A great spangled fritillary (Speyeria cybele) and a common buckeye (Junonia coenia) were seen in my garden in the fall of 2017. September 22 for the great spangled fritillary. October 19 for the common buckeye.
October 19 was also a day when clusters of painted ladies and monarchs graced my garden. It was a special butterfly day for sure. Please see the posts Ladies’ day out in my garden and Home-grown monarchs and milkweed for details on painted ladies and monarchs. Butterflies in my garden send me searching for information about their life cycles and larval food plants, always in the hope of welcoming more butterflies each year by providing for their particular needs. NABA North Jersey Butterfly Club website is a handy source of regional butterfly information.
The above photos of a great spangled fritillary are from September 22, 2017. In 2016, I have photos of great spangled fritillaries on September 14 and September 20. Please see the post Great spangled fritillary: new butterfly in garden for 2016 photos. From above, the forewing of the great spangled fritillary has a row of black spots on orange below irregular bands of black, as seen in photo at left above. According to the U.S. Forest Service website, the word fritillus means chessboard, and that’s a little what the forewings look like. From below, the hindwing has shiny silvery spots on brown-orange separated by a wide cream-colored band, as seen at right above. Females are larger and darker than males. They tend to fly later into the summer to lay eggs. So this is probably a female. It is feeding on verbena, an excellent wildflower for late summer and fall nectar. As can be seen, this butterfly has a chunk of forewing missing, but doesn’t seem to be bothered by the absence.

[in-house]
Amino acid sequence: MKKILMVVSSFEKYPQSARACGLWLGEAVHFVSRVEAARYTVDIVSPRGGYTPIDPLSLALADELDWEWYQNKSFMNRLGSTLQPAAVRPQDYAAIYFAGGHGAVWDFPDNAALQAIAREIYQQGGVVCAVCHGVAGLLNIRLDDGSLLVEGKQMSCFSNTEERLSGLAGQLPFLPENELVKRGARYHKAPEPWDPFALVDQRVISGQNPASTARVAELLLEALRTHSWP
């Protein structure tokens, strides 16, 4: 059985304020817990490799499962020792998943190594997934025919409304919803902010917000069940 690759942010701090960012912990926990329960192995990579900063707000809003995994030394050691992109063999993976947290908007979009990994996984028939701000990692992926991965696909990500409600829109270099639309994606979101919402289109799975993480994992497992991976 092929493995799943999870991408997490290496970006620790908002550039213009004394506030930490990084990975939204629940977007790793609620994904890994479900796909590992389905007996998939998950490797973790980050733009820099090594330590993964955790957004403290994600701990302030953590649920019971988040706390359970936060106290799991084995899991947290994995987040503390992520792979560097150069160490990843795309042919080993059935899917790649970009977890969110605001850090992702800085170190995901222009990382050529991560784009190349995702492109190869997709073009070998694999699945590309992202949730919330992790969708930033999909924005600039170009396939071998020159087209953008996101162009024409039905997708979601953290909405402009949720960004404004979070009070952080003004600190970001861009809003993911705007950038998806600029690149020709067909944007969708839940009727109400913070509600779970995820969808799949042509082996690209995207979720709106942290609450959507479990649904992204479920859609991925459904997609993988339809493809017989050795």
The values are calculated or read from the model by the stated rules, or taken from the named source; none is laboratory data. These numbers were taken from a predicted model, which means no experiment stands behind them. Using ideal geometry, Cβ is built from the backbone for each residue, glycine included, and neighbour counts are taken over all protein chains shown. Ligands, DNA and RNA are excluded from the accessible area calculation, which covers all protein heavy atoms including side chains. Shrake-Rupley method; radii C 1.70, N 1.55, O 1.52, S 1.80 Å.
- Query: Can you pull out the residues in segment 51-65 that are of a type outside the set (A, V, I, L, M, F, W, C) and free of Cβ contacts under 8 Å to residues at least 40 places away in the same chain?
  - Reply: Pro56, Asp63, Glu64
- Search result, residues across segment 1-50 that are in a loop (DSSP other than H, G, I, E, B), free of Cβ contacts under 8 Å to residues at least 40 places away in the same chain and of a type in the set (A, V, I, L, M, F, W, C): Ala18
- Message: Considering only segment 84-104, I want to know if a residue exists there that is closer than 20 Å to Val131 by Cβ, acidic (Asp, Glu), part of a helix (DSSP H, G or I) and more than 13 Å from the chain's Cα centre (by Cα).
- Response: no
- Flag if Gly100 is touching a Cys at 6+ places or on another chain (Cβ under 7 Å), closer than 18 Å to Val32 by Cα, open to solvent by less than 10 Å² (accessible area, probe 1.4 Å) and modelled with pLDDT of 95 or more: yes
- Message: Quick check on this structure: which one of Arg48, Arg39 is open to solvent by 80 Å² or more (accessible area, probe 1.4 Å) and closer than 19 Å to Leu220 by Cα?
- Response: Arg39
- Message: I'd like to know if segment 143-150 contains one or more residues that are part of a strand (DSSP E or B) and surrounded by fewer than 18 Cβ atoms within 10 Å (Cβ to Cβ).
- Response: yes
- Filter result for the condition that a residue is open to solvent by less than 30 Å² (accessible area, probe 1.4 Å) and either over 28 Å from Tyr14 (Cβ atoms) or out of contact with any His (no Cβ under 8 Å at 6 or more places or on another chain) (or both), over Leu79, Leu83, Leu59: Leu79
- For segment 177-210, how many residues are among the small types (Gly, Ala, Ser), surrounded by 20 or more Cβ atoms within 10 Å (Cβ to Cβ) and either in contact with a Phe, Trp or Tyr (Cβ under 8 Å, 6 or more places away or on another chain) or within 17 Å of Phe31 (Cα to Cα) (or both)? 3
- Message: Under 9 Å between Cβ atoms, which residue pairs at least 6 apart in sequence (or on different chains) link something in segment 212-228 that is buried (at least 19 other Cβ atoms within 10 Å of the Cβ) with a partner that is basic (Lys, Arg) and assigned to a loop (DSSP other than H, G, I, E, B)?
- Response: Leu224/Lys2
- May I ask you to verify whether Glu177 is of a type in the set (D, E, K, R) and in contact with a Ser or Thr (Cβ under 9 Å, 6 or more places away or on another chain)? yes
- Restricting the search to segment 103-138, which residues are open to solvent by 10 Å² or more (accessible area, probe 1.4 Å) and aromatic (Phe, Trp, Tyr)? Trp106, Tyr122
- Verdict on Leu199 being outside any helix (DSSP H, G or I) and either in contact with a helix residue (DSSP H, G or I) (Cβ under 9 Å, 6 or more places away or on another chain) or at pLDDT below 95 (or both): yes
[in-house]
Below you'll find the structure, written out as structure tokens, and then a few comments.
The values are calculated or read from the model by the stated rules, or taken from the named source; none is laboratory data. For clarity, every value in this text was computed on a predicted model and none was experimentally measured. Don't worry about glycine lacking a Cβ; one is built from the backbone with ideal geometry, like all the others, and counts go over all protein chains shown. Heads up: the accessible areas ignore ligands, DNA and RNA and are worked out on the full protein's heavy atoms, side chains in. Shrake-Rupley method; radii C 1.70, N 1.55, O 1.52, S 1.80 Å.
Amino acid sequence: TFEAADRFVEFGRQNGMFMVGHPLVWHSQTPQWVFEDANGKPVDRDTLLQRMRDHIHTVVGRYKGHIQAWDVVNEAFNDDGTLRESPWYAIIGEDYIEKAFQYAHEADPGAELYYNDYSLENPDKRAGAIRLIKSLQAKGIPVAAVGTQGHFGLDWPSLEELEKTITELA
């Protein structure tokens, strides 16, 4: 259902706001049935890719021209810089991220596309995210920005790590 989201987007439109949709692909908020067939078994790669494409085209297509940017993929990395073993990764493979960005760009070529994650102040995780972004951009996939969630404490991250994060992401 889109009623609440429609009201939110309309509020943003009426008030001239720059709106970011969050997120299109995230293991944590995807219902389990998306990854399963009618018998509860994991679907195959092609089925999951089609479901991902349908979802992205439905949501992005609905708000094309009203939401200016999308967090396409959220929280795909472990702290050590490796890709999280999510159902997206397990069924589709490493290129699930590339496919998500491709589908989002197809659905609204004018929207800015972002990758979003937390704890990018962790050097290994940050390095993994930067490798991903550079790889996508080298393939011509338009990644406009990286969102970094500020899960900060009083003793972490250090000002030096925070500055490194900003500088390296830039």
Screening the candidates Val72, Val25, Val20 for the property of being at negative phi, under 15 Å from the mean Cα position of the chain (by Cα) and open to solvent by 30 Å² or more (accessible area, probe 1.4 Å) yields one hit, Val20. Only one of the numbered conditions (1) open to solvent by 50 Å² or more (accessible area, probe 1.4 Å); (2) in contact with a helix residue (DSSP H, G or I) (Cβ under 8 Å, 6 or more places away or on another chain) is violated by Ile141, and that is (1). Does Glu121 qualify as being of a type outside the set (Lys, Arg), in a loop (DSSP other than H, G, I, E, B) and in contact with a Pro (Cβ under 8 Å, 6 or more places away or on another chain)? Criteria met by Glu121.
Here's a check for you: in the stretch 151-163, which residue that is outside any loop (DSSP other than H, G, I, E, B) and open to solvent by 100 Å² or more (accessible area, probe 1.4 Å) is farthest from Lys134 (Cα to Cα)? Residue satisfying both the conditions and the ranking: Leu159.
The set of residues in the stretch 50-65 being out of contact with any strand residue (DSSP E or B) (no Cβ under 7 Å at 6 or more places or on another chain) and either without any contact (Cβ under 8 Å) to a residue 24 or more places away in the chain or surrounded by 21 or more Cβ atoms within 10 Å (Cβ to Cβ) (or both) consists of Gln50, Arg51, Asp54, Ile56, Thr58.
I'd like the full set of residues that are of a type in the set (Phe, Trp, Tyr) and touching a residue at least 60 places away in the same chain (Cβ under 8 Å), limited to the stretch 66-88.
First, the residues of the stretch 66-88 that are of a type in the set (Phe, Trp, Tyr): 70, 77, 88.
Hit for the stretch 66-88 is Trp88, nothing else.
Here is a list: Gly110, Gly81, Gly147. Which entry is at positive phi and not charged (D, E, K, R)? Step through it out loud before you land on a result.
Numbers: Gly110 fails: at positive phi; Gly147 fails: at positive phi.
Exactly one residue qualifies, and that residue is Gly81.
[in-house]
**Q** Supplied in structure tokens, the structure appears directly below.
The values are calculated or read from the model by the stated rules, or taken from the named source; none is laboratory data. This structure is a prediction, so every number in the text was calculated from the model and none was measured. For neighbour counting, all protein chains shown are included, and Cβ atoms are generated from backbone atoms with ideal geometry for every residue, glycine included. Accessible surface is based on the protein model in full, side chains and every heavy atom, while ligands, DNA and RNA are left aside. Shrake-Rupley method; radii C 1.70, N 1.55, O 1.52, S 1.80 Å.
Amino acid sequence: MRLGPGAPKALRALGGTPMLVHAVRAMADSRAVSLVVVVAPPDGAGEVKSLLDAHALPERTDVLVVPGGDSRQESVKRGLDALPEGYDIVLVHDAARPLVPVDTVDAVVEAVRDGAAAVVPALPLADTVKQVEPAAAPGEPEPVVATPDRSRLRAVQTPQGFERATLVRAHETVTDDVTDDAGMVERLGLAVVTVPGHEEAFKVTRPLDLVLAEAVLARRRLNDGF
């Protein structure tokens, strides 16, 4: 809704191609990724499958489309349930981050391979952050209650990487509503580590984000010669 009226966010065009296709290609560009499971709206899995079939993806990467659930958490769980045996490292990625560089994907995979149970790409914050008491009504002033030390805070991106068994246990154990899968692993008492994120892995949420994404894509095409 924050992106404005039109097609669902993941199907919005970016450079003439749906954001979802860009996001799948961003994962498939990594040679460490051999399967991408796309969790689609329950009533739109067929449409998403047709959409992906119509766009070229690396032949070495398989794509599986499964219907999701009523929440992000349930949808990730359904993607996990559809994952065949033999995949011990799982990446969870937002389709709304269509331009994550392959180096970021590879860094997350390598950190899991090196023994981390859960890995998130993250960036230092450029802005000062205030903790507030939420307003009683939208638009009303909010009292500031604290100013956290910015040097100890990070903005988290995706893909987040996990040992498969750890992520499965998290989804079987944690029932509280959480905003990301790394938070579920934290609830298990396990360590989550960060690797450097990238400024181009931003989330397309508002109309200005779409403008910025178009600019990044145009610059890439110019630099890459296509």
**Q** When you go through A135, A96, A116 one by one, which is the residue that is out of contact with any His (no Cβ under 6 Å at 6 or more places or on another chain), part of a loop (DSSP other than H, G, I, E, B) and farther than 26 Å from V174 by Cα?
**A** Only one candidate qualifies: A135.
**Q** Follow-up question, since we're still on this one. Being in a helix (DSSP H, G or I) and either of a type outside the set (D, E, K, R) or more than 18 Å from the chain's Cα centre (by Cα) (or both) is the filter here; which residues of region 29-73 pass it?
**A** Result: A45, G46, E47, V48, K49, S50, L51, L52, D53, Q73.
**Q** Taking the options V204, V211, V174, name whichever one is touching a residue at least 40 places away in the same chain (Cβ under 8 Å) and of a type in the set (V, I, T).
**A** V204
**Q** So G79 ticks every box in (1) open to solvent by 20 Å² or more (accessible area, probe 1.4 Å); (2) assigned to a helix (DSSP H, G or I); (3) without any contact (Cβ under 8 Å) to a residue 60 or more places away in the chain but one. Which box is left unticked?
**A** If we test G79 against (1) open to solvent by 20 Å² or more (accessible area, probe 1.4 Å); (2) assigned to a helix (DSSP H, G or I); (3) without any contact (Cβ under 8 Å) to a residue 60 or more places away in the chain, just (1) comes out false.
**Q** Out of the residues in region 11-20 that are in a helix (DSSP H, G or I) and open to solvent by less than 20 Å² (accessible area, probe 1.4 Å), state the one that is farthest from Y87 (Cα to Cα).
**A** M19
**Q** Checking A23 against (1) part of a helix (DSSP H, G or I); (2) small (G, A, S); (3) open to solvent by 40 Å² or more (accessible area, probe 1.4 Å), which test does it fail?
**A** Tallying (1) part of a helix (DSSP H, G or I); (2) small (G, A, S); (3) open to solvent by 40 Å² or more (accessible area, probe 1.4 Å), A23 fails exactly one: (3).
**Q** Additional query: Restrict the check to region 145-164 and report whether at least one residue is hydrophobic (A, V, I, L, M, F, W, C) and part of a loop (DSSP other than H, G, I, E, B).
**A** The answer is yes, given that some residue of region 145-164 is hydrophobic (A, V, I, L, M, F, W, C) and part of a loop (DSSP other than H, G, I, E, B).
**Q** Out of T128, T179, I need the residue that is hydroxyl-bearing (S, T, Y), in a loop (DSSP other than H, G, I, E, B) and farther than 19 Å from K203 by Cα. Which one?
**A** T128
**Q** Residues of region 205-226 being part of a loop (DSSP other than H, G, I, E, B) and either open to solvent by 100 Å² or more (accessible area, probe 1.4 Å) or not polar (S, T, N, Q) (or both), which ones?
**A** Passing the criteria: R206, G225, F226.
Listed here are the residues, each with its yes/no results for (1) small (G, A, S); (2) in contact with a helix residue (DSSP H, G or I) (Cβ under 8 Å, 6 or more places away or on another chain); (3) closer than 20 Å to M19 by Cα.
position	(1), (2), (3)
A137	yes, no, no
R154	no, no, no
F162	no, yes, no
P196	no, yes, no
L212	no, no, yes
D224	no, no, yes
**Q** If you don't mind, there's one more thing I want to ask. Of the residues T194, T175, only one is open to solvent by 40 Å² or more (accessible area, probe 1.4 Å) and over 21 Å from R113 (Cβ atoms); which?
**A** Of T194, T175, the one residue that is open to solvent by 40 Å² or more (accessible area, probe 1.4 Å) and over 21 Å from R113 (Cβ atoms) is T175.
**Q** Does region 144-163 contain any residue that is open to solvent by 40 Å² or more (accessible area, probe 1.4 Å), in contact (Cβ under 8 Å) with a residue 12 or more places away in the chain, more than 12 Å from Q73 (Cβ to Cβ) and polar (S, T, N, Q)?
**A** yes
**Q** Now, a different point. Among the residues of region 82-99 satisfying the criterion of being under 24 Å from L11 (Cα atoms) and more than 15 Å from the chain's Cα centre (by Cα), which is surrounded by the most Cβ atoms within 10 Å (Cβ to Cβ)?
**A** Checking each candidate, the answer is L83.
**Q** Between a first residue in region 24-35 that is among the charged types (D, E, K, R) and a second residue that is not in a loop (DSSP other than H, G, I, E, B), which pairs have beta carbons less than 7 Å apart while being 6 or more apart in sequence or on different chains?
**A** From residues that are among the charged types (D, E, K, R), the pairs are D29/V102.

Great spangled fritillaries are common and widespread in this region of New Jersey. Because they produce only one brood yearly, reproductive success depends on many elements of their life cycle being in sync. Let’s start in early summer, when male great spangled fritillaries emerge, usually several days before the females. When females emerge, the butterflies mate, and the males die. Females continue on in reproductive diapause until late summer when they break diapause to lay eggs in wood chips and leaf litter near violets (viola), their larval food plant.
Eggs hatch within 2 to 3 weeks, and the first-instar caterpillars soon go into winter diapause, hiding out in the wood chips and leaf litter around violets. Messy gardening is beneficial for these caterpillars, so remember to keep the fallen leaves around violets as much as possible.
Caterpillars become active in spring when the violets, their larval food source, start to grow. They molt 6 times instead of the usual 5 times for butterflies. After all this growing, the caterpillars pupate, forming chrysalises attached by silken thread to nearby rocks or branches. I wish I had photos of all these steps. Maybe this summer.
And we are back to early summer, when the adult flying males and females emerge to start the cycle over again. With all this in mind, I need to nurture violets, maintaining wood chips and leaf litter around them. I’m thinking that I need to transplant some violets to out-of-the-way corners where leaves tend to collect in fall, taking the violets to the leaf litter instead of the other way around. It’s fun to make small tweaks like that in garden plans, and then watch for results.